OK, maybe you weren't ready. But maybe, after a series win in Los Angeles and the scuffling, bottom-dwelling San Diego Padres in town for a quick two-game set, you were ready to start believing that Arizona can actually make a run at this NL West.
It's early enough where the Diamondbacks still can, but Monday's game might have given some wistful hopefuls a reality check: the D-backs still have the propensity to look ugly in a bad loss, as was the case in Monday's 8-4 loss.
Armando Galarraga (3-4) got his pitches up in yet another inconsistent outing, but it was his defense that truly let the team and crowd down. The Diamondbacks made enough mistakes after two innings that made it so not even the last-place Padres could lose the game.
San Diego was up 1-0 in the first when a routine fly ball caused some sort of miscommunication between center fielder Chris Young and left fielder Gerardo Parra. Both went for the ball, which Young caught, but the stumble and delay in getting off a throw allowed San Diego's Chase Headley to score much easier than what should have been. It was Young's ball to catch -- Parra stepped in front to try for it. Young would have had a much better shot to throw out Headley at the plate with no interference.
In the second, fielding errors by second baseman Ryan Roberts and shortstop Stephen Drew led to Jason Bartlett's two-run double, and on a single by the next hitter, Headley, Young overthrew the cutoff man to allow Headley to take second.
After an inning and a half, it was 5-0 Padres, and the Diamondbacks couldn't come back.
Henry Blanco did his best to try, giving the D-backs some offense with a pair of solo home runs off Padres starter Clayton Richard. It was Blanco's fourth career two-home run game. Melvin Mora drove in a run with a single in the fifth.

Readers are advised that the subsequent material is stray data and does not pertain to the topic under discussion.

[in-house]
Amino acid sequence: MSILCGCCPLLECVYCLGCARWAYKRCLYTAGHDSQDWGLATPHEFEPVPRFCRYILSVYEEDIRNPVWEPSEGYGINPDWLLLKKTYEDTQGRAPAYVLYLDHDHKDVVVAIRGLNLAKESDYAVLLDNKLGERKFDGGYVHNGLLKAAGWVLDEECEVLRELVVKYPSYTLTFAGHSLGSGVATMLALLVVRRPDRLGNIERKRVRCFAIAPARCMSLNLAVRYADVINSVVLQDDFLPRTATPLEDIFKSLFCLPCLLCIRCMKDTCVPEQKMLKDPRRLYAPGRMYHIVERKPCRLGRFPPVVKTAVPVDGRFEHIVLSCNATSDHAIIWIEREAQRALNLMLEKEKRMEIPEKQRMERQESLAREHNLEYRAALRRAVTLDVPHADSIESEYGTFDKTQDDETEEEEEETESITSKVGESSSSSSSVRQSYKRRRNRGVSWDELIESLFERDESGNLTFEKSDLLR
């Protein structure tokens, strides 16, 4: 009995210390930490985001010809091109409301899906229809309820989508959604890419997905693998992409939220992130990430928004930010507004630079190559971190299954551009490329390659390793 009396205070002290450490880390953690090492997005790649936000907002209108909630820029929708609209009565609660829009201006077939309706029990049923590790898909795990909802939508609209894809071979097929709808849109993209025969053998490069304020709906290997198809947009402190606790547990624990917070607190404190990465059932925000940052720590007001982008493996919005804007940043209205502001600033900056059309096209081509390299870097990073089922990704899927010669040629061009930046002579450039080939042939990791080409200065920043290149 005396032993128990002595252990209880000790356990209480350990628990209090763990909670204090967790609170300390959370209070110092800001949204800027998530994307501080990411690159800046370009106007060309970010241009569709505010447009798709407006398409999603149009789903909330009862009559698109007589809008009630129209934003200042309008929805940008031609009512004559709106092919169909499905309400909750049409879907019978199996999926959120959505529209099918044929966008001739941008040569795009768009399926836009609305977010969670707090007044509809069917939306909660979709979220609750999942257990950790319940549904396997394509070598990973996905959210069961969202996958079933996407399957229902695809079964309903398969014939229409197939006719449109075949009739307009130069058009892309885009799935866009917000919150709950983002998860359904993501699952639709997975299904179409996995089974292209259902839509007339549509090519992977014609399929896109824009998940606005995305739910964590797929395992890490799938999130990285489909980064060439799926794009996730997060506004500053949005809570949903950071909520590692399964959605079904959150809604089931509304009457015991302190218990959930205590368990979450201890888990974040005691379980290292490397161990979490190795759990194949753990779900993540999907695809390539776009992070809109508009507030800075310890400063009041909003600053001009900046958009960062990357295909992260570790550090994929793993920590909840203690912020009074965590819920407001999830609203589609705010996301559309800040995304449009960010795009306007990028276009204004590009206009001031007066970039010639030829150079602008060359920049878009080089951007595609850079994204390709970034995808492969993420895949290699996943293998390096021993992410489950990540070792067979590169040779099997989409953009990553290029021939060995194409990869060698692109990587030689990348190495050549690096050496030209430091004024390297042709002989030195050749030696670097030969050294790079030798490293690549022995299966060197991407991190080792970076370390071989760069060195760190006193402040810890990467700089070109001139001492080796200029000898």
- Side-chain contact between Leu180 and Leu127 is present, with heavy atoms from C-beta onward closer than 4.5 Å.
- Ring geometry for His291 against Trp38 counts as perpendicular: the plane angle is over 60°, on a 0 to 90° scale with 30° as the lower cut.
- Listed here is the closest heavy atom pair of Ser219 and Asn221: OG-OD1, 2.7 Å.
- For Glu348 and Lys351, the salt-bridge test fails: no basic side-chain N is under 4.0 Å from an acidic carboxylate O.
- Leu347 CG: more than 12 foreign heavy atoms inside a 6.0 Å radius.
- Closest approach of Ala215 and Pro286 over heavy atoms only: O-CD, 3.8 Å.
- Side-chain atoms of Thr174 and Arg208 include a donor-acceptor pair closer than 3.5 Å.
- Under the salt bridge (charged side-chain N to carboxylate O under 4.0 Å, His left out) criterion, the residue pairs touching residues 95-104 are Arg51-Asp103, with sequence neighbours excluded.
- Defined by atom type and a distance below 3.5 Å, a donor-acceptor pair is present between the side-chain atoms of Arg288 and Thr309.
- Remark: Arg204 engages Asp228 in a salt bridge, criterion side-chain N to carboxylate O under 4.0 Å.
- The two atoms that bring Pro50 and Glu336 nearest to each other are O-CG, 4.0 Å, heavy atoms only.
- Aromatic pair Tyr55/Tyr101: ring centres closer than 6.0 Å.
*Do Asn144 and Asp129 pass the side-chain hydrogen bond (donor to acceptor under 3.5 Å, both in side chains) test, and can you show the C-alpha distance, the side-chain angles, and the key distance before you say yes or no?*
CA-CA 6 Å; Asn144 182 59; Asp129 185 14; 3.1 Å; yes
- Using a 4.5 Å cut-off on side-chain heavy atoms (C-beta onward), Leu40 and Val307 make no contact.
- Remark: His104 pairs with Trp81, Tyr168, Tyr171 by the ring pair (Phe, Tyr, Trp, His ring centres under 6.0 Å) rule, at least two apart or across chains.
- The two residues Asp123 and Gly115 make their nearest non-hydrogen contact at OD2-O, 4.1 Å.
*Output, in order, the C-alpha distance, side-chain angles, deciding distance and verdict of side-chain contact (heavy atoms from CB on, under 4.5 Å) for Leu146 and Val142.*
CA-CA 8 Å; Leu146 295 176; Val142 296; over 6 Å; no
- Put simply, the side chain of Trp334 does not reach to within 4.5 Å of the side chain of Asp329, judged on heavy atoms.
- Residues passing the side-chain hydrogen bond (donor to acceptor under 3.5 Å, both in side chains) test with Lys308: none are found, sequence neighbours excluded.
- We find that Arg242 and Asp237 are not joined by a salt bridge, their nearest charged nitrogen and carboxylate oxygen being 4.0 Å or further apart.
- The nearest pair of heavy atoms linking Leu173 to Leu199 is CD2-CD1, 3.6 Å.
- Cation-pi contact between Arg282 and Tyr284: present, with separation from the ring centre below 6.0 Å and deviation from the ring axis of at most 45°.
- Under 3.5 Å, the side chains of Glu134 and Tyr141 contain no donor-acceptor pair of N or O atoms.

Justin Upton hit a solo home run in the eight, another majestic drive to left field.
The Diamondbacks, 10-10 at home, failed to pick up a game on first-place San Francisco, which lost to Colorado Monday. Now Arizona is last in the NL West at 17-23 while San Diego moved ahead at 18-23.
Galarraga has to be a concern for manager Kirk Gibson and company. After winning his first three starts of the season, he's taken the loss in four of his last five including Monday. Galarraga was shelled for eight runs (five earned) on eight hits in five innings and gave up a two-run home run to Ryan Ludwick on an 0-2 pitch in the fifth. That's 13 homers Galarraga has given up in eight starts, the most in the majors.
"He didn't pitch very well at all. Didn't set a real good tone for us," Gibson said of Galarraga. "We didn't play well at all. Two errors in an inning, a couple of mental errors. We'll have to talk about that some more."
Two things of interest that happened: Juan Miranda was hit with a pitch in the fifth, and reliever Sam Demel plunked Kyle Phillips in the eighth in the leg. Coincidental? Maybe, but the Padres got the last beaning with Ernesto Frieri hitting Xavier Nady in the back with a pitch in the eighth. Also, Chad Qualls was used in relief for the Padres and got a few boos from the crowd. It was Qualls who struggled so mightily as Diamondbacks' closer early last season and who will be remembered by some, well, me, for his Rage Against The Machine intro song.
Alas, Qualls retired all four batters he faced.
Some good news for Arizona: Willie Bloomquist, who got off to such a good start at the plate this season before going down with a hamstring injury, could play in an extended spring game Tuesday after taking ground balls Monday. He seems to be only a few days at the most from returning.